Against the Wall
Last updated: June 26, 2018
From Renaissance Italy to post-Revolutionary Mexico, mural painting has been understood as a privileged art form that revels in grand, philosophical narratives, carefully built to last for centuries. But in Los Angeles, murals have developed as a street art, punchy and direct, concerned with cultural identity and protest. As a result, they tend to be surprisingly fragile and unstable, subject to abuse, neighborhood change, and the bleaching of an unforgiving sun.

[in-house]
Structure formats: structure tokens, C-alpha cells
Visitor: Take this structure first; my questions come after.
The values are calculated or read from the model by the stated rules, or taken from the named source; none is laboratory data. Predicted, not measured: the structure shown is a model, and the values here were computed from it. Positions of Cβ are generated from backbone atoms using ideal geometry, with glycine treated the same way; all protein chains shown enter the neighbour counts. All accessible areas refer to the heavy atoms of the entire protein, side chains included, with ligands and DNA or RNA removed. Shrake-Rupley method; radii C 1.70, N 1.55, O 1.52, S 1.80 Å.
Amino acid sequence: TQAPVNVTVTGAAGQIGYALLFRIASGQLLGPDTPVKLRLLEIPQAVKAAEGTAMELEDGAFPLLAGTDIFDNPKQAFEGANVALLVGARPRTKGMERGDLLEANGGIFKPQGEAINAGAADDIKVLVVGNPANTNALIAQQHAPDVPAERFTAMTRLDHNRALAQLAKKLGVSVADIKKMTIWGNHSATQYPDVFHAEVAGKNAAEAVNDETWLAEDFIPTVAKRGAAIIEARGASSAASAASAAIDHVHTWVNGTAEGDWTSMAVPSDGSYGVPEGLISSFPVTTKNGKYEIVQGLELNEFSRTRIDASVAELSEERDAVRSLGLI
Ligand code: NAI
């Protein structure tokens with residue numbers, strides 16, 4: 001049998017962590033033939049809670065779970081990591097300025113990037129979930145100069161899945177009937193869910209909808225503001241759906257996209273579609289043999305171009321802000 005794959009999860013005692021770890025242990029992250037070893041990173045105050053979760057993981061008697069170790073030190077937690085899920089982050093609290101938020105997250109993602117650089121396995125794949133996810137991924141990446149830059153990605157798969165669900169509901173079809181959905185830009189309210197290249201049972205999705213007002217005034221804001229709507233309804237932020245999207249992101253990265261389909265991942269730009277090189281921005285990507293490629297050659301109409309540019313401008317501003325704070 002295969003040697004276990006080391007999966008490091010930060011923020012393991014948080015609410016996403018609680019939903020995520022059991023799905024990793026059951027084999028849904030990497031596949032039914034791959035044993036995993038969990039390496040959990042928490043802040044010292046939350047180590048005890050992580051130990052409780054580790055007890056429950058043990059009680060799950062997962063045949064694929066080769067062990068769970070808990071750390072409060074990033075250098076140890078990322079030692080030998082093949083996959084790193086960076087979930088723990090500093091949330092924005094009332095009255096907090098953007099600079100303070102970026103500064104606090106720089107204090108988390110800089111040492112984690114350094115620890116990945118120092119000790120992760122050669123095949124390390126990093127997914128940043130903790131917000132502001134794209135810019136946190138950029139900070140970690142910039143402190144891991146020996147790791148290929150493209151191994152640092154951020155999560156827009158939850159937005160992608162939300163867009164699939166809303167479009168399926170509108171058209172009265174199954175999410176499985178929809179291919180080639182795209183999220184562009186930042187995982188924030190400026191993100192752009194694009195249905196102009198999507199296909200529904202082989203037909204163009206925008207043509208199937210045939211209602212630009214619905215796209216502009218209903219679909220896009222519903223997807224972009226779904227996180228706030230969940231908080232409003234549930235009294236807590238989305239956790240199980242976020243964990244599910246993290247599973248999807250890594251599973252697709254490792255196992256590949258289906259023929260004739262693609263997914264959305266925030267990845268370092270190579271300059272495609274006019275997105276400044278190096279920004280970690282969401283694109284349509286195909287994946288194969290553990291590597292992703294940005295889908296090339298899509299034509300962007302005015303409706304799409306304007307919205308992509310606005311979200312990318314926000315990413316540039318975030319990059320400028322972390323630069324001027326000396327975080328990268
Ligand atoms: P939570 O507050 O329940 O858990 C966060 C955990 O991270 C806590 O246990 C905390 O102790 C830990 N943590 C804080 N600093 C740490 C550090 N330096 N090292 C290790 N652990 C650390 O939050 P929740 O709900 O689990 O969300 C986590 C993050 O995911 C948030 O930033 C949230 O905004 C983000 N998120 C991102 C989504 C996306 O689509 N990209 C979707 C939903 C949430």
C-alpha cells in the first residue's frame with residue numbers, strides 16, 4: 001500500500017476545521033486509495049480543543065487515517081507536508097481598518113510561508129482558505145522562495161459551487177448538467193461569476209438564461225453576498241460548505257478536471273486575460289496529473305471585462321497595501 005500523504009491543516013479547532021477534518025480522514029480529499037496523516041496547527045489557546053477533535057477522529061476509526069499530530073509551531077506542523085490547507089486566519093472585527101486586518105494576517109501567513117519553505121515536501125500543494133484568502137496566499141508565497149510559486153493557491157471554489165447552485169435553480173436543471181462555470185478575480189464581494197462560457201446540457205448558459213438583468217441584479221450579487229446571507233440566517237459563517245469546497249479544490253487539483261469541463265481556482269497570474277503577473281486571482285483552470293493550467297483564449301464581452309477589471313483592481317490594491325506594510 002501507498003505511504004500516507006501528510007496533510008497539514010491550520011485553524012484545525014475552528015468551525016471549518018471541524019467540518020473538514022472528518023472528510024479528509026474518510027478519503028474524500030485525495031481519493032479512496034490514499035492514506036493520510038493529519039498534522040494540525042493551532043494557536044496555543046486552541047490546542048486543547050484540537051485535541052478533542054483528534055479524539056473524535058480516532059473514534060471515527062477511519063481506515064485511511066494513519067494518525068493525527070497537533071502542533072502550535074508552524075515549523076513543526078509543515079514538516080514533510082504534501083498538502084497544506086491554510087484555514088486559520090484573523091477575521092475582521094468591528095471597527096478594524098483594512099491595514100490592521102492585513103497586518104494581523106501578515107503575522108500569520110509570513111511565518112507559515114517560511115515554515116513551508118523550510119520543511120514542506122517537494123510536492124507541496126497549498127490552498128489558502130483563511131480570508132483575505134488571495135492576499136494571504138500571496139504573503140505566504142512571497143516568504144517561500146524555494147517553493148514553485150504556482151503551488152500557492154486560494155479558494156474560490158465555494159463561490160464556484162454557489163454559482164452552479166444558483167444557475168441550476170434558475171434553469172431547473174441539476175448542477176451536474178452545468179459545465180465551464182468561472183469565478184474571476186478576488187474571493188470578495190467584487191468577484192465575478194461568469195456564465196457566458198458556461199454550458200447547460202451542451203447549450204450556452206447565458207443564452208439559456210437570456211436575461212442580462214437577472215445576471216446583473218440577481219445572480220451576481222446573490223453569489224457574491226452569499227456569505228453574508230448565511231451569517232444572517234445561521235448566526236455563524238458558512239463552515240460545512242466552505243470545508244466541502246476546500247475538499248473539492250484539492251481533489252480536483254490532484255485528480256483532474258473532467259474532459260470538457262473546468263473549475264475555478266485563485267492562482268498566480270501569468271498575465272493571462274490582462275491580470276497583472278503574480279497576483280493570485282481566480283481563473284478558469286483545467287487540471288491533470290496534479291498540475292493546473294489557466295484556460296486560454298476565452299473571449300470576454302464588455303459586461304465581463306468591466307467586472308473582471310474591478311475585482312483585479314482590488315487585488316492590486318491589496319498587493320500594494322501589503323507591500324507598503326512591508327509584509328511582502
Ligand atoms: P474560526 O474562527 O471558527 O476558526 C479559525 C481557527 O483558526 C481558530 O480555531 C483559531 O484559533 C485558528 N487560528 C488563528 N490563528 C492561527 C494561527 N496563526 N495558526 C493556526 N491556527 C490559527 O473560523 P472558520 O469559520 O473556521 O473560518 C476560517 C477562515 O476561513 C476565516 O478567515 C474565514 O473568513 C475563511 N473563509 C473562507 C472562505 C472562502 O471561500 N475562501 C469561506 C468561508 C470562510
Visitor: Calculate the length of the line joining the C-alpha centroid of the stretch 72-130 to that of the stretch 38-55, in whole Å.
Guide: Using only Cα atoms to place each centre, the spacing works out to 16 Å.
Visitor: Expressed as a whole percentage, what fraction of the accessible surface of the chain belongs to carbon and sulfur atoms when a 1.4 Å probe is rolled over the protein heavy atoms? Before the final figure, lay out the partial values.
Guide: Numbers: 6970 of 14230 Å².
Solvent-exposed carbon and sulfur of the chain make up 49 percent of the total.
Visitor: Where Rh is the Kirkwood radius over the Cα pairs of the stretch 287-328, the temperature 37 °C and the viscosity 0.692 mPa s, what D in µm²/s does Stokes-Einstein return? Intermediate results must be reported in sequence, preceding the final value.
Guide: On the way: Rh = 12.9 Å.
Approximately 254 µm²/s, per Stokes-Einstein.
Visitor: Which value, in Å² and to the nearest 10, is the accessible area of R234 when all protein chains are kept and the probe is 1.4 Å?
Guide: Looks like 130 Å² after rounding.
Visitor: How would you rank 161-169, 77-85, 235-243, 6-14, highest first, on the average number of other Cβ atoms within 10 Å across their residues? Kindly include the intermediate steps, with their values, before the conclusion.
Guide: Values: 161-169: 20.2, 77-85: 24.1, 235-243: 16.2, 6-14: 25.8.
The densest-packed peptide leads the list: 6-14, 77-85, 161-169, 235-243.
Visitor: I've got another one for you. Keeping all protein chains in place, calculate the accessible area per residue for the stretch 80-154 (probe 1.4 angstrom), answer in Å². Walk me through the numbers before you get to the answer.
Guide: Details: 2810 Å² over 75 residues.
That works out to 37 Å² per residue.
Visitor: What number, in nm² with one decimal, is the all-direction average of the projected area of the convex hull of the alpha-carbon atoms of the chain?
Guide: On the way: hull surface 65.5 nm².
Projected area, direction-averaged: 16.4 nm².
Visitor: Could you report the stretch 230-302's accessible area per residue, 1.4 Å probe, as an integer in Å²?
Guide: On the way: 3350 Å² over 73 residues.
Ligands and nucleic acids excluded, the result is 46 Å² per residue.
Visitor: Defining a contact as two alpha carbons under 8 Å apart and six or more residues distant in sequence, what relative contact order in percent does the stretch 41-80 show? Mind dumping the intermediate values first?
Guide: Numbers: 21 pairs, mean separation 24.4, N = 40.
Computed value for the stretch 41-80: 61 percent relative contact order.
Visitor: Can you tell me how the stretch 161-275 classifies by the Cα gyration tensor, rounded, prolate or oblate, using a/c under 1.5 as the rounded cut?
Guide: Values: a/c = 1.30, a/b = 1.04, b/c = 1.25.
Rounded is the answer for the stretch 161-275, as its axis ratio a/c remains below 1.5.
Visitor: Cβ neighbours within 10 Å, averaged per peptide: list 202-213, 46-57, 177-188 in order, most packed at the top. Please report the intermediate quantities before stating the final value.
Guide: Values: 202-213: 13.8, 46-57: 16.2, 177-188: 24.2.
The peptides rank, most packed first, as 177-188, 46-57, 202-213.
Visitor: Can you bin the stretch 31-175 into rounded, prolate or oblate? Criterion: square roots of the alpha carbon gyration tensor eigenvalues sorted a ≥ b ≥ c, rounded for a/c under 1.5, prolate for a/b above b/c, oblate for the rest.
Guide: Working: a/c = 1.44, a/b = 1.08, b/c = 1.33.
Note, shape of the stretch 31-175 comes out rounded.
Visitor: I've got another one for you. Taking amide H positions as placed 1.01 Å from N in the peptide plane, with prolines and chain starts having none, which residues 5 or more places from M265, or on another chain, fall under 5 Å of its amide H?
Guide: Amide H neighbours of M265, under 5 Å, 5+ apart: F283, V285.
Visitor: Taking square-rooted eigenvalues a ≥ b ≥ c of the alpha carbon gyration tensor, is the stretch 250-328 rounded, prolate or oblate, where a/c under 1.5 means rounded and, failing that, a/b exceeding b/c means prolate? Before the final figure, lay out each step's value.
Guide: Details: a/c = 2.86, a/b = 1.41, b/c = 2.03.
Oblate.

Surface Tension: Mapping Murals in Los Angeles by Ken Gonzales-Day
Ken Gonzales-Day discusses Surface Tension: Murals, Signs, and Mark-Making in Los Angeles, a photographic journey to map out the city and make visible the larger cultural, socio-economic, and political forces that have shaped the place we have come to call Los Angeles.
Institutional Whitewash by Thomas Lawson
In downtown Los Angeles, the history of whitewashing controversial public murals is persistent and oddly echoic. After a half-finished mural by Italian street artist Blu was erased from MOCA’s Geffen Contemporary in 2010, Thomas Lawson revisited the troubled saga of América Tropical, David Alfaro Siqueiros's 1932 commission on Olvera Street.
Against the Wall Archive